February 15, 2023
Community Spirit Guides Jamestown S’Klallam Tribe’s Healing Clinic
You have to study the past if you want to define the future. And before completing an award-winning $14 million integrated care clinic last year for the Jamestown S’Klallam Tribe, Bremerton, Washington–based architecture firm Rice Fergus Miller (RFM) cultivated a 20-year history of working with the tribe’s leaders, including on the design of their resort and casino.
The tribe’s new Jamestown Healing Clinic in the city of Sequim, in the shadow of Olympic National Park, was a project with higher stakes. The 17,500-square-foot clinic treats members of the surrounding community for opioid use disorders, in addition to providing primary care, dental, and behavioral health services.
Before design began in 2019, RFM held meetings with tribal officials and the facility’s medical staff. That way, multiple perspectives guided conversations. “We looked at it from the patient point of view and kind of put ourselves in those shoes, in terms of what their experience had been in the past and dealing with their substance use disorder and how a building like this could positively impact their recovery,” explains Gena Lee, an interior designer for the firm.
Meanwhile, like other Pacific Northwest Indigenous tribes, the Jamestown S’Klallam Tribe takes steps to balance its history and traditions with both opportunities and challenges of the surrounding society. The clinic’s services and design were also subject to that approach.
The tribe and firm turned to tribal elder Elaine Grinnell for guidance. “She’s kind of the keeper of all of their traditional stories,” Lee says. “She started telling stories that she had learned over her lifetime.” Two narratives in particular influenced the design: One told of how removing a stone from a stream can change its course. The other was about a journey during which a canoe was lost in the fog, and the people onshore sang a traditional song that helped guide it back to shore.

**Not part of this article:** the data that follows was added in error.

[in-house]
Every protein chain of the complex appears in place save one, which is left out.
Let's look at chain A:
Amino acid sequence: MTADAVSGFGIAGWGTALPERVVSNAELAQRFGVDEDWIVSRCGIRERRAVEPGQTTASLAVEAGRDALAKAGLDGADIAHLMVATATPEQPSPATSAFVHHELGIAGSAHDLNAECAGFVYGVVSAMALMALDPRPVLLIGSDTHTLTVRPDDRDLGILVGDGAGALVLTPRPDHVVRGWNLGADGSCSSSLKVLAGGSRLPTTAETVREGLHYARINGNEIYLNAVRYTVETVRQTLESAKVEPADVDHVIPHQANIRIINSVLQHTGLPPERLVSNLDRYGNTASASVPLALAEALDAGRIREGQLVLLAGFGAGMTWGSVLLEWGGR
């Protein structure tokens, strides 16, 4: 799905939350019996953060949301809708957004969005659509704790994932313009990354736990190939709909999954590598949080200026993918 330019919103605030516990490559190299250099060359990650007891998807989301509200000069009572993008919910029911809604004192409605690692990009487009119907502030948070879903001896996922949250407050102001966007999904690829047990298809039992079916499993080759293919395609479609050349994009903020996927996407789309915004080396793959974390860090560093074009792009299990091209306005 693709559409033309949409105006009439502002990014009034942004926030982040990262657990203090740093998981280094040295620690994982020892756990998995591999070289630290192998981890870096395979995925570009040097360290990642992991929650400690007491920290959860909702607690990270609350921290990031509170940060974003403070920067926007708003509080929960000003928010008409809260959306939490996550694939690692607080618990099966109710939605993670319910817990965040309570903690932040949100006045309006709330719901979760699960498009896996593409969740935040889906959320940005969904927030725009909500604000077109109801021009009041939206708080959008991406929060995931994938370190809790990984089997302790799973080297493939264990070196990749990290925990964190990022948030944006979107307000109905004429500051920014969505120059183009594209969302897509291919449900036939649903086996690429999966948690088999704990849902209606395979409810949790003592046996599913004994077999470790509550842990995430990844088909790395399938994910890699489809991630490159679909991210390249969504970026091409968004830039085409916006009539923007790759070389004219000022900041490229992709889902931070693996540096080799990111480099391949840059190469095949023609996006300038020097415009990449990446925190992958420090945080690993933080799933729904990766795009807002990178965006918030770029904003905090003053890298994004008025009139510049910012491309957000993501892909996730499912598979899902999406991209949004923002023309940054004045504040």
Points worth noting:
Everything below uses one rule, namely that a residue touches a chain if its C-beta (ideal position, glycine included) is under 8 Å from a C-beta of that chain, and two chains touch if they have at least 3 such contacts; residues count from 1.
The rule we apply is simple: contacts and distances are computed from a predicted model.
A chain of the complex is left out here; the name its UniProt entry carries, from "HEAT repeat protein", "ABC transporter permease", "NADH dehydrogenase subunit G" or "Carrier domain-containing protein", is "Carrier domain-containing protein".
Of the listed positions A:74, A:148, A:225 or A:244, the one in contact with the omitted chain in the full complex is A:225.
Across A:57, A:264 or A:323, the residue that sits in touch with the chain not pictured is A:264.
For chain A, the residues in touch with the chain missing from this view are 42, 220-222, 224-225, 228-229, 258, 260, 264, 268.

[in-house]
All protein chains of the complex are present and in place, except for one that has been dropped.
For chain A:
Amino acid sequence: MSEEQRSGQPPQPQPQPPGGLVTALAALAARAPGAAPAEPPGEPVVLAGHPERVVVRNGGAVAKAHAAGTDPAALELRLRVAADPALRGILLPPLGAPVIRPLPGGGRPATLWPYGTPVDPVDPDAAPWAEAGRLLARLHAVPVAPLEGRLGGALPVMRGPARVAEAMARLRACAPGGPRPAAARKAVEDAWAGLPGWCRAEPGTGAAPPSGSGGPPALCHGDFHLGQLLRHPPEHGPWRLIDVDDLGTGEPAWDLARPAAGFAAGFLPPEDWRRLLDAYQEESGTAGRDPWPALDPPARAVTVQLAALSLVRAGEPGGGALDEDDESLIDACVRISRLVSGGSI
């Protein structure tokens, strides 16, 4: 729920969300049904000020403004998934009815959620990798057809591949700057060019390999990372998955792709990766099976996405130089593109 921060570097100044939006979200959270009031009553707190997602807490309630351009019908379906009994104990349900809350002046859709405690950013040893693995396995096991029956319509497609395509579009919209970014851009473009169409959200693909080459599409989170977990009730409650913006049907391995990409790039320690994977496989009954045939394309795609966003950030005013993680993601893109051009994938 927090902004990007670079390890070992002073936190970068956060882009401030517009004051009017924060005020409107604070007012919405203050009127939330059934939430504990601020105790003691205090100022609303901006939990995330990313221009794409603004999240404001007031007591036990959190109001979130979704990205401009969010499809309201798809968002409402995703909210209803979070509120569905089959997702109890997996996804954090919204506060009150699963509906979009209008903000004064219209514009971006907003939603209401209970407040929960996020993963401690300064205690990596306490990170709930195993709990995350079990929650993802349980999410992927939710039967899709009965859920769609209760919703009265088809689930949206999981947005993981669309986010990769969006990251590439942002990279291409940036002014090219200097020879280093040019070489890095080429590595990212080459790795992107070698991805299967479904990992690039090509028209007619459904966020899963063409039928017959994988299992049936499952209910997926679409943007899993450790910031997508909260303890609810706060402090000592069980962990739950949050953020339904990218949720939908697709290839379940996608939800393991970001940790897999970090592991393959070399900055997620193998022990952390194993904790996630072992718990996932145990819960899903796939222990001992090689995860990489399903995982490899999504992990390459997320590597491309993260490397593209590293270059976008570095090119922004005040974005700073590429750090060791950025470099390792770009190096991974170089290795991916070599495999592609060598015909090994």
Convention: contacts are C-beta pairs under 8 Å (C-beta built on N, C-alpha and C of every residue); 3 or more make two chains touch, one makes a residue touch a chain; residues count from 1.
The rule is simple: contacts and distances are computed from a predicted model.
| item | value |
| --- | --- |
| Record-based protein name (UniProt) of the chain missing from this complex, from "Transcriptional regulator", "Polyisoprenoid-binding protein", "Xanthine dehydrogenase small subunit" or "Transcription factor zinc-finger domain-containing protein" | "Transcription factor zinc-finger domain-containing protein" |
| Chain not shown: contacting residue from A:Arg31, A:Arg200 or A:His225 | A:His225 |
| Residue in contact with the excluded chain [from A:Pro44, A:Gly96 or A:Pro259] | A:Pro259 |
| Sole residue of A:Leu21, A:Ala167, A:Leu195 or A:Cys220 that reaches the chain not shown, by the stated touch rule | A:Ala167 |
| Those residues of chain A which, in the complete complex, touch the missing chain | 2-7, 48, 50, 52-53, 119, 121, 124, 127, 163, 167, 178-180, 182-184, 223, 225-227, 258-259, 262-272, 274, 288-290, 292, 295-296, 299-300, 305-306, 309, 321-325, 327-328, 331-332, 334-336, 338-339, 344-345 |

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The new building expresses that spirit of a community coming together to guide those in need. The stories are manifested in curvilinear pathways that emulate the nearby Dungeness River, where headwaters flow from the flank of 7,639-foot Mount Mystery, a sacred area for the tribe.
The massing is informed by the tribe’s traditional low, long dwellings made of Western red cedar, which was also used for siding and support columns along the building’s facade. Freshly cut cedar’s natural burnt sienna hue is also an accent color throughout. Like a theater’s marquee, a five-foot-tall carving (created by Bud Turner, the tribe’s lead carver) dominates the entry.
For RFM associate principal Blake Webber, “we saw it as a strong analogy for the power of one positive interaction in someone’s journey for recovery.”
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